D’Amato was never likely to be mentioned in the same breath as Italian greats such as Bava and Argento, particularly given the fact that horror was never his natural calling. He was a cinematographer first and foremost, although his extensive résumé did contain almost two hundred motion pictures right up until his death in 1999, many of which were of somewhat dubious quality. However he was responsible for Beyond The Darkness in 1979 and with Anthropophagus making waves across the water, decided to throw caution to the wind and draw inspiration from the most bankable source available. John Carpenter’s Halloween and Absurd follows the template reasonably blatantly.
Stenopolis shares many similarities with The Shape. As well as remaining entirely mute the entire time, his blood coagulates at three times the rate of an average man, making him something of a boogeyman of sorts. But D’Amato isn’t content with simply borrowing the odd theme and instead attempts to emulate Carpenter in every conceivable manner, from Carlo Maria Cordio’s frenetic synthesized score, to the babysitter in peril premise, and his not-altogether successful attempt at sustaining terror. Alas, for all his best attempts, Absurd falls way short of Halloween’s majesty and is required to play its trump card. That’s right, I’m talking about plenty of vintage Italian profondo rosso. Instantly, its numerous indiscretions are forgiven and any drawn-out scenes of nothing are but a fading memory. What’s more important is the live band saw heading for his quarry’s bald cranium beneath the unhinged glare of Eastman’s peepers.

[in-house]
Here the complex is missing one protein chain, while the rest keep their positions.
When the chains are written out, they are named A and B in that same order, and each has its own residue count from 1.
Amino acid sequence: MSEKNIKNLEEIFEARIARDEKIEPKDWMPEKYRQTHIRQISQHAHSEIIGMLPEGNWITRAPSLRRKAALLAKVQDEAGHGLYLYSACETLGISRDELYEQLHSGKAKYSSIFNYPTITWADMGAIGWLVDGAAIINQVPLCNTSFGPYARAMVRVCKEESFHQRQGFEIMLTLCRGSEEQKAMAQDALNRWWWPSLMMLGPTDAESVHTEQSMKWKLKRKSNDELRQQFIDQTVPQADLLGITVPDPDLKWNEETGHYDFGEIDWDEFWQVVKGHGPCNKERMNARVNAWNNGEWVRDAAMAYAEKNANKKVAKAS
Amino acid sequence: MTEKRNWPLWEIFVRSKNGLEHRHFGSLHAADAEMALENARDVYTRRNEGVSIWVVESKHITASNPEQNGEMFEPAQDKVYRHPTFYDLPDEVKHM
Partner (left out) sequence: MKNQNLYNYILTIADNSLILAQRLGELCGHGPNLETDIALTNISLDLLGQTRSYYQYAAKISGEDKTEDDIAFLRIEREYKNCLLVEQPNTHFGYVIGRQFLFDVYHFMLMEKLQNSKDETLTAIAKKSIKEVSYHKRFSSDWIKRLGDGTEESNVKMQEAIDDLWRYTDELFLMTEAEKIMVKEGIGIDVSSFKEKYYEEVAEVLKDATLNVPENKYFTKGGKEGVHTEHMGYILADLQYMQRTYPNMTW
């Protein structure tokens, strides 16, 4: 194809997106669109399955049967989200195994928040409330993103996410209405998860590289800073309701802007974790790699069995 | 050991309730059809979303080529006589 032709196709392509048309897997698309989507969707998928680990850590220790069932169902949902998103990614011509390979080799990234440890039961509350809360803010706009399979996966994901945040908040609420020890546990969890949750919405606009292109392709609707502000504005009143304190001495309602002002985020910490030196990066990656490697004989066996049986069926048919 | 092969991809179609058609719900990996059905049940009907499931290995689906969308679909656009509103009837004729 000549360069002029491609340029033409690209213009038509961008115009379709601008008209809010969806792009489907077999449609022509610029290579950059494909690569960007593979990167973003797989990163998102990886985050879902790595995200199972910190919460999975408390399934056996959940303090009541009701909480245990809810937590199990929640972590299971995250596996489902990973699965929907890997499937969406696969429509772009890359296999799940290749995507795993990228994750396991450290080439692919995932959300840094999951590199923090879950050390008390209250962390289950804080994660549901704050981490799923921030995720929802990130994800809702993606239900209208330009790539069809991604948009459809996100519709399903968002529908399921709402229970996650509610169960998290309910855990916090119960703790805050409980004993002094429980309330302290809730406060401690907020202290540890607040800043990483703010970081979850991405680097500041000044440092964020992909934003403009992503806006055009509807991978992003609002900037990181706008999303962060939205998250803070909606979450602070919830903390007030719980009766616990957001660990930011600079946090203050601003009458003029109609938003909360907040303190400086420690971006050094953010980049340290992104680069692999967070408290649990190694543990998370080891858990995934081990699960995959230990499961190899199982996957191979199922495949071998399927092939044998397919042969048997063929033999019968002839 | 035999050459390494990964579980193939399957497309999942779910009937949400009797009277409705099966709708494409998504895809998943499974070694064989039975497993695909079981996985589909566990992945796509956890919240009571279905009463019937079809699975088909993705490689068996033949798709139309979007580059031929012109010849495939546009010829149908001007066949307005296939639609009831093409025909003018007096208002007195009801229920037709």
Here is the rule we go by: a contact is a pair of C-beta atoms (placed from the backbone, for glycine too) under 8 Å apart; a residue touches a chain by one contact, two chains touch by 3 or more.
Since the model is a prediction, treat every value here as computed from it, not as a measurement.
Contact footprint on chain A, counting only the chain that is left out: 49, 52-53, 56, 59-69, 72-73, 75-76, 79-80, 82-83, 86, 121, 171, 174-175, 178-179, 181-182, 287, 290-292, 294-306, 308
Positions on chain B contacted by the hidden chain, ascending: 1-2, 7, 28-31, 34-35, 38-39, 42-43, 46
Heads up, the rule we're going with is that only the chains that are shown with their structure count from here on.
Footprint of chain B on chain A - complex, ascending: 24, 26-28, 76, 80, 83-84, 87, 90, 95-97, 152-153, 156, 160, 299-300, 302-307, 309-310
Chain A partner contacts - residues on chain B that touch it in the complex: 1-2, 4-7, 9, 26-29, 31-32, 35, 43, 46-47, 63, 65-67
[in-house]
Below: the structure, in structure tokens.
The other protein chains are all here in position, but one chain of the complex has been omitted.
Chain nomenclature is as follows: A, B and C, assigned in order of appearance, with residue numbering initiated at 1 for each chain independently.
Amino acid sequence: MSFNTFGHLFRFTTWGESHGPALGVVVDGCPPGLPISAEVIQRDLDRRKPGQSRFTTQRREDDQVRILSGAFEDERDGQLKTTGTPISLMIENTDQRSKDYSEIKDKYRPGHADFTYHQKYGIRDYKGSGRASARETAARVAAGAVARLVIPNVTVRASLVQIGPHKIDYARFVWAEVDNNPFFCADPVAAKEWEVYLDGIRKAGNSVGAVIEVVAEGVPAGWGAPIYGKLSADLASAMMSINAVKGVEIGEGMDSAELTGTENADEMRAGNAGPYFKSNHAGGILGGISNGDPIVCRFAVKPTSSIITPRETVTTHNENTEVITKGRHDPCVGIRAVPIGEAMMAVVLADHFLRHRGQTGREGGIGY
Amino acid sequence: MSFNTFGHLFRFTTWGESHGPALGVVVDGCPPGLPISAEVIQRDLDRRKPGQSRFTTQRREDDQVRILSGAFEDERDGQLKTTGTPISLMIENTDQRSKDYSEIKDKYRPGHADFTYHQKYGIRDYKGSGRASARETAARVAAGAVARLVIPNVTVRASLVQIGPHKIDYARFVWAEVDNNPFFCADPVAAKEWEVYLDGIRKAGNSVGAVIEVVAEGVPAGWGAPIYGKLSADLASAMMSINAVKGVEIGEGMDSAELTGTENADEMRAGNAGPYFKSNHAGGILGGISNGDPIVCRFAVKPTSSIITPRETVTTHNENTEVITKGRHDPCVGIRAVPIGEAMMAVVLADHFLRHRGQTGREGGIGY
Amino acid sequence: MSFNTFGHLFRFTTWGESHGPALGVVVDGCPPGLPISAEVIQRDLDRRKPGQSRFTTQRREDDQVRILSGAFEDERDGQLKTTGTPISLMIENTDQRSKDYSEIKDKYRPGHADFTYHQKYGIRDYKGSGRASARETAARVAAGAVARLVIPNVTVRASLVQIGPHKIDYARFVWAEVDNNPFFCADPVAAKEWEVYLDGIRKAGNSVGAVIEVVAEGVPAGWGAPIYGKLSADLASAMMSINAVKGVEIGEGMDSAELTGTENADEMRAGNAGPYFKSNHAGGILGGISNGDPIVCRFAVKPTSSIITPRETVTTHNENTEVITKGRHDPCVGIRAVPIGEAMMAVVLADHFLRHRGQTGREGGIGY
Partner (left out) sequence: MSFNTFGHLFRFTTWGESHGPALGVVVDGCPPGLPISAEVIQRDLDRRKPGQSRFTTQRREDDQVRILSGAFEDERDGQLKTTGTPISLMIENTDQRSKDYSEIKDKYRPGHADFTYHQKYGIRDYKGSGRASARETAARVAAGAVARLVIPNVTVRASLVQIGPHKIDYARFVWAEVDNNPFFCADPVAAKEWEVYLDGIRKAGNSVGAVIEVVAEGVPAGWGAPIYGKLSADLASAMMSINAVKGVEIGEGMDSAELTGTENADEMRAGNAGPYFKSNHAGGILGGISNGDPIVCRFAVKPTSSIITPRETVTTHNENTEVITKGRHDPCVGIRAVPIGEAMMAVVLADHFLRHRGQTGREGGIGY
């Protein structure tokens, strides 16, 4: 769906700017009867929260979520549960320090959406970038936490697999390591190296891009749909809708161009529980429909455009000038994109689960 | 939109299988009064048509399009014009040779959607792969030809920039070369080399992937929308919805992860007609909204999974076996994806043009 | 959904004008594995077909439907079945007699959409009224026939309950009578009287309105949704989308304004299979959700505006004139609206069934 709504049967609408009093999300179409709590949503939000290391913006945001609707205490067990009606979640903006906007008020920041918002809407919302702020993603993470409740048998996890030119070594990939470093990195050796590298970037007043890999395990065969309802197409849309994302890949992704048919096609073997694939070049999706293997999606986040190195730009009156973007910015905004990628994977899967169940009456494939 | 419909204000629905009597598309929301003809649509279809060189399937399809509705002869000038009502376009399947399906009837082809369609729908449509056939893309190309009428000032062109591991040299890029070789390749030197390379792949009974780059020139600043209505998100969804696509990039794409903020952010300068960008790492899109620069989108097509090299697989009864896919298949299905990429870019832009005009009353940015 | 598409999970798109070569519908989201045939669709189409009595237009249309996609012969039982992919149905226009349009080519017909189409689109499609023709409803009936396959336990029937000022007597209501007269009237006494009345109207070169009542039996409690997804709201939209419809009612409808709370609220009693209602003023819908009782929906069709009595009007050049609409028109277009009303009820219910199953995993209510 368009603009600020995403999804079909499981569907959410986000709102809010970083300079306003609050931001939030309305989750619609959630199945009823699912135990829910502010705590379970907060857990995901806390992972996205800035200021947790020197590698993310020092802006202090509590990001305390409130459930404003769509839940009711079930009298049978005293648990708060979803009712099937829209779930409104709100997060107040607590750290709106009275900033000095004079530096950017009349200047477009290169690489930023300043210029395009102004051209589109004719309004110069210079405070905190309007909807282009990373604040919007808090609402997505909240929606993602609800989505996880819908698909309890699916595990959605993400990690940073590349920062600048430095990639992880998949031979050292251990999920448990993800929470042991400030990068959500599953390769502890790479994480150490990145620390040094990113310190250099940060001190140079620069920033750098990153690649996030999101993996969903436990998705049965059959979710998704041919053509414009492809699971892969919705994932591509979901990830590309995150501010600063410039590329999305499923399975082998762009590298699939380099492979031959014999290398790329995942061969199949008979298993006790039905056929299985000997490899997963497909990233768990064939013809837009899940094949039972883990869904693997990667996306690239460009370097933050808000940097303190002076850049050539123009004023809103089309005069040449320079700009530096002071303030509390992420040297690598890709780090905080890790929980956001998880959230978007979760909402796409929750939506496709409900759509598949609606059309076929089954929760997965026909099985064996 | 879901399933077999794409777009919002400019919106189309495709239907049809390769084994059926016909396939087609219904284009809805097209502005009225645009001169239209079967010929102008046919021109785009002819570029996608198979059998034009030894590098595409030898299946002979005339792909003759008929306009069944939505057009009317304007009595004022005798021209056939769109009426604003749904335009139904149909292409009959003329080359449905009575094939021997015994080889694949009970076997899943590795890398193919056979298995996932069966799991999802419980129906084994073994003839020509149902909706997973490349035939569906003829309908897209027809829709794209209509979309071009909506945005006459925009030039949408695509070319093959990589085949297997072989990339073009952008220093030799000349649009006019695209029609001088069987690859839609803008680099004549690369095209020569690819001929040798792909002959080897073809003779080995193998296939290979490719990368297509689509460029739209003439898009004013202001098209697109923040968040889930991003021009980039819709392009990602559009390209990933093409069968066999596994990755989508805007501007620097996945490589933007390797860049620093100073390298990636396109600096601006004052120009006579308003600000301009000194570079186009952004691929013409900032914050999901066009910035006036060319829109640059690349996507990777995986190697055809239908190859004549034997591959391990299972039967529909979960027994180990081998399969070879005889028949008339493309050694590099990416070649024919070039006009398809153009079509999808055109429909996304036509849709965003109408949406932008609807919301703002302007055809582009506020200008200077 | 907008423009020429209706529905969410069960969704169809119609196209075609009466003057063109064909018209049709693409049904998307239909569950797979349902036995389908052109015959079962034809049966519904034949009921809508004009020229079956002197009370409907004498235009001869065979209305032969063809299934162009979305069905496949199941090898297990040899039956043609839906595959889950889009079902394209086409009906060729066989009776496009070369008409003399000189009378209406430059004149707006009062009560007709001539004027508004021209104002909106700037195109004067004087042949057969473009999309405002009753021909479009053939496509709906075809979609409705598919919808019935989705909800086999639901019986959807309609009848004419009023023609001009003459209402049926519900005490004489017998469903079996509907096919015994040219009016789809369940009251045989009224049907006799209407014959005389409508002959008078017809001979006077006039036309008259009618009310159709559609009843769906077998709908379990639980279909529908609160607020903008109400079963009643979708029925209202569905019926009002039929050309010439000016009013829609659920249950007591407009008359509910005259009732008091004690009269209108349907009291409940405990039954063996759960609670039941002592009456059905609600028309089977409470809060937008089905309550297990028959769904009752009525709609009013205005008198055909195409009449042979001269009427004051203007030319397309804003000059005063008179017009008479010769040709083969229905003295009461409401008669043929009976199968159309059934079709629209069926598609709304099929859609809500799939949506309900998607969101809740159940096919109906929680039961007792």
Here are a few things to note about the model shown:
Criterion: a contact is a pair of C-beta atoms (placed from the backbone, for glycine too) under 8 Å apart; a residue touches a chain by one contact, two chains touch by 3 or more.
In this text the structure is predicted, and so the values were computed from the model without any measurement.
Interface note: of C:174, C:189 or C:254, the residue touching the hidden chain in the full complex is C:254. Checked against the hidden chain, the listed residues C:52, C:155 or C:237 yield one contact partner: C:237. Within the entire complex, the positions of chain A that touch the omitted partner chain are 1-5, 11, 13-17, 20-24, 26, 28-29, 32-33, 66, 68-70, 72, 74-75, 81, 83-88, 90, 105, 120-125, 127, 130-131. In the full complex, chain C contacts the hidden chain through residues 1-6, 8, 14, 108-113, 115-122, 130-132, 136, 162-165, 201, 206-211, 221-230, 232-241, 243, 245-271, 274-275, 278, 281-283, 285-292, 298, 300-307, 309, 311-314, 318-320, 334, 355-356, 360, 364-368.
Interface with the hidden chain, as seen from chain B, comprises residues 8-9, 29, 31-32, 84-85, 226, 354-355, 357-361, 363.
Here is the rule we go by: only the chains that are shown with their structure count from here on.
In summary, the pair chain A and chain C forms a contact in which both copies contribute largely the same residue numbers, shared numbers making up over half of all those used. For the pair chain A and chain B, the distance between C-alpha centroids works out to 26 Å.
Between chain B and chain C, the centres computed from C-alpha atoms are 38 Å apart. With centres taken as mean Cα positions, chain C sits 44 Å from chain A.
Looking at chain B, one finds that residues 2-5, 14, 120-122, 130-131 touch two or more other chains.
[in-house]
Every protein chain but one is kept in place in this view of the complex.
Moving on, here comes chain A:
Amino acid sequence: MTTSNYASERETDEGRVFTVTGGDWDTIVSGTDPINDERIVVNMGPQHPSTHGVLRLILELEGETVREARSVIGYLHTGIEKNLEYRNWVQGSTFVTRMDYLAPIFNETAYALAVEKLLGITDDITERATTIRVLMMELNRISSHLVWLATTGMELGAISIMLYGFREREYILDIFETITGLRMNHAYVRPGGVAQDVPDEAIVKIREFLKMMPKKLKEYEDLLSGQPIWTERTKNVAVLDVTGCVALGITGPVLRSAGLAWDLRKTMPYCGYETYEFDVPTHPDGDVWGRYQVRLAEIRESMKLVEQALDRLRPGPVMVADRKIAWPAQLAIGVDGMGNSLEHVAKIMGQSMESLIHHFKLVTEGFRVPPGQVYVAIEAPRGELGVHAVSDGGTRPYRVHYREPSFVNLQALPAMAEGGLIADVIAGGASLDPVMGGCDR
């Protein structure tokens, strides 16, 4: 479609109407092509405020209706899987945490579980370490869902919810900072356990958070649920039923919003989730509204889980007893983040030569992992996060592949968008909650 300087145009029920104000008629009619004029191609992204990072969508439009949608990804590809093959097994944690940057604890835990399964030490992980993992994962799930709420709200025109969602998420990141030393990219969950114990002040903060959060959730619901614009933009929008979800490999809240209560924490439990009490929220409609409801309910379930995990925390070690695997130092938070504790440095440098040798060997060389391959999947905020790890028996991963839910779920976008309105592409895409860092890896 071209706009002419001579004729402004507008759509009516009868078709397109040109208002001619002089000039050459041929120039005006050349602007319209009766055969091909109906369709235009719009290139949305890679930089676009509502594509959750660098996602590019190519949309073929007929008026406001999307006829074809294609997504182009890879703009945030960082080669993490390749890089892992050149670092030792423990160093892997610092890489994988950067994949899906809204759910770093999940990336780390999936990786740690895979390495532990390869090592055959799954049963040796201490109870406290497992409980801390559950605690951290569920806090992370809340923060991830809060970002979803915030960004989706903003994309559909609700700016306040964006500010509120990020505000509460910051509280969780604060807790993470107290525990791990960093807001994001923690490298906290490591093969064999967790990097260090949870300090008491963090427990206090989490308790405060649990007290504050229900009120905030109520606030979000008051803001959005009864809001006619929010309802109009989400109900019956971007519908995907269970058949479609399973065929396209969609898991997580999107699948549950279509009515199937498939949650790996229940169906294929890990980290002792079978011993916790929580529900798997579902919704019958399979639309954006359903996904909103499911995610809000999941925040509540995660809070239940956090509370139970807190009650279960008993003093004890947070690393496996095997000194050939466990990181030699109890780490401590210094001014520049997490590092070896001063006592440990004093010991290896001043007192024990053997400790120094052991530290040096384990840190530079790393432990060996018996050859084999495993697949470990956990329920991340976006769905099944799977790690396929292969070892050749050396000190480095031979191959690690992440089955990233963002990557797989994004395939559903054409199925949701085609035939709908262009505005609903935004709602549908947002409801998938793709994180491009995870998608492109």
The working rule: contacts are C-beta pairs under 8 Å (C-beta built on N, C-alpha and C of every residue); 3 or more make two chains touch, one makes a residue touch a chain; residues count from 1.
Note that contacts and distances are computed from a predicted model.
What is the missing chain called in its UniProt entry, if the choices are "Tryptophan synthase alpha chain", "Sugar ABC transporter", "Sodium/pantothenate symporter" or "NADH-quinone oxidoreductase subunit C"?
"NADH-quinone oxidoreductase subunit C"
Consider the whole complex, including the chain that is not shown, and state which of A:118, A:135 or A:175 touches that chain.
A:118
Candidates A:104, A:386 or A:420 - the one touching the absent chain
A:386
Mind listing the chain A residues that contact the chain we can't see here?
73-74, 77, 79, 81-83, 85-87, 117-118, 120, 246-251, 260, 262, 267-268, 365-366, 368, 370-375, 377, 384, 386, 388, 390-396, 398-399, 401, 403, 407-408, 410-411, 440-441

Absurd joined its predecessor on the DPP’s list of named and shamed pariahs and was led away in shackles after being deemed utterly reprehensible. In truth, it probably justifies its inclusion although, by current standards, it no longer possesses the edge it once did. Nevertheless, there is something to be said for a killer who chooses not to languish in shadows and instead makes his appearance at the offset minus gimp mask and leather gloves. He certainly cuts an ominous figure and has no shortage of gripes to make known to his victims. Moreover, he is impervious to bullets, which lends him a certain masterful presence. Eastman was up to the task once already and in Absurd is afforded more screen time to sate his lust for bloodletting.